Scroll Shadows with JavaScript

Scroll Shadows with JavaScript css-tricks.com10 months ago in #Dev Love39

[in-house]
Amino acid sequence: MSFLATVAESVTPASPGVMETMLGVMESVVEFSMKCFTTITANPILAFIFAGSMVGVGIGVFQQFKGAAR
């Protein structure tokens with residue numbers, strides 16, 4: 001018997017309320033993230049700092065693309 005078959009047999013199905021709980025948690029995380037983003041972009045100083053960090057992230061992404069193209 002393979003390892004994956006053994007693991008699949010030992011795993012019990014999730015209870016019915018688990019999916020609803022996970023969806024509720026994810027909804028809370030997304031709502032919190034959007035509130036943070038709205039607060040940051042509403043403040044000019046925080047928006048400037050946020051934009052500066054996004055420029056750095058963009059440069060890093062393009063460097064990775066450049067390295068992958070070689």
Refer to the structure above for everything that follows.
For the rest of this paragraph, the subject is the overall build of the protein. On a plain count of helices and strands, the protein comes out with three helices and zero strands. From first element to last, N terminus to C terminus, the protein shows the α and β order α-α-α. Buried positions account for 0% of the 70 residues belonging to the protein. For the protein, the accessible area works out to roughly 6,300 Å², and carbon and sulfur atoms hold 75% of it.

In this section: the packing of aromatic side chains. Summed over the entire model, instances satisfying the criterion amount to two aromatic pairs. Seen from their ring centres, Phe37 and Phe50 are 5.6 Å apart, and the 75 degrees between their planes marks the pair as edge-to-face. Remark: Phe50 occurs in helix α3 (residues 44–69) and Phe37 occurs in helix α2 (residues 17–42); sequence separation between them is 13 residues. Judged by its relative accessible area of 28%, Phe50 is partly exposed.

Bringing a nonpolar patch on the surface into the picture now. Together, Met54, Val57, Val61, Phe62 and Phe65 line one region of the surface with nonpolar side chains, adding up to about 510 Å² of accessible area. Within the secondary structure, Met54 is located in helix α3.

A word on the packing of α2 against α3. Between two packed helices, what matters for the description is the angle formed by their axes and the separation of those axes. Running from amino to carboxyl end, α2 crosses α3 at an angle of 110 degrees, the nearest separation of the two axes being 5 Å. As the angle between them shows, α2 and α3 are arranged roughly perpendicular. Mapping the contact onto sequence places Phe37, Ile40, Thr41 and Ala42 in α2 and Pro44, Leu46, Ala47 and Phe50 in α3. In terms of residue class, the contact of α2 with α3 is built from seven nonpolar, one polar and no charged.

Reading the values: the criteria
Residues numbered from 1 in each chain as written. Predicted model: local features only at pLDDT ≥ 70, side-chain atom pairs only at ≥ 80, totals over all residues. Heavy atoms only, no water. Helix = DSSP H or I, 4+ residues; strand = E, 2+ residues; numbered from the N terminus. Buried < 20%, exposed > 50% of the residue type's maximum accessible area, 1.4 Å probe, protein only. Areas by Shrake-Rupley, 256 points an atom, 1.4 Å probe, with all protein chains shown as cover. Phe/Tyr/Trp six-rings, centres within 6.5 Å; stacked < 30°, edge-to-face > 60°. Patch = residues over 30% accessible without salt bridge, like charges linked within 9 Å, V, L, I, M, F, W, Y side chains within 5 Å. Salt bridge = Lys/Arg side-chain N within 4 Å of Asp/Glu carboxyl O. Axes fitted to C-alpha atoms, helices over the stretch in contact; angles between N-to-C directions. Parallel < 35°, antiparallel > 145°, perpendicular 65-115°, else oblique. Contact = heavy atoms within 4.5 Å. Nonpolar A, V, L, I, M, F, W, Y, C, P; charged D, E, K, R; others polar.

Scroll shadows are when you’ll be able to see slightly inset shadow on components if (and provided that) you’ll be able to scroll in that path. It’s simply excellent UX. You can in reality pull it off in CSS, which I believe is fantastic and one of the crucial nice CSS methods. Except… it simply doesn’t paintings on iOS Safari. It used to paintings, after which it broke in iOS 13, alongside with another helpful CSS issues, with no reasons why and hasn’t ever been fastened. So, now, for those who actually need scroll shadows (I believe they’re further helpful on cellular browsers anyway), it’s most likely very best to succeed in for JavaScript. Here’s a natural CSS instance so you’ll be able to see it paintings in all browsers with the exception of iOS Safari. Screenshots: I’m bringing this up now as a result of I see Jonnie Hallman is running a blog about it once more. He discussed it as a great little element again in May. There are sure interfaces the place scroll shadows actually further make sense. Taking a step again, I believed concerning the resolution that these days labored, the use of scroll occasions. If the scroll house has scrolled, display the highest and left shadows. If the scroll house isn’t all of the manner scrolled, display the ground and proper shadows. With this in thoughts, I attempted the most straightforward, maximum straight-forward, and least artful way through placing empty divs on the best, proper, backside, and left of the scroll spaces. I known as those “edges”, and I noticed them the use of the Intersection Observer API. If any of the sides weren’t intersecting with the scroll house, I may just think that the brink in query have been scrolled, and I may just display the shadow for that edge. Then, as soon as the brink is intersecting, I may just think that the scroll house has reached the brink of the scroll, so I may just cover that shadow. Clever artful. No are living demo, sadly, however learn the submit for a couple of further main points at the implementation. Other JavaScript-powered examples I do assume for those who’re going to do that you must cross the IntersectionObserver path despite the fact that. Would love to peer anyone port the most efficient of those concepts all in combination (wink wink).  » Read More

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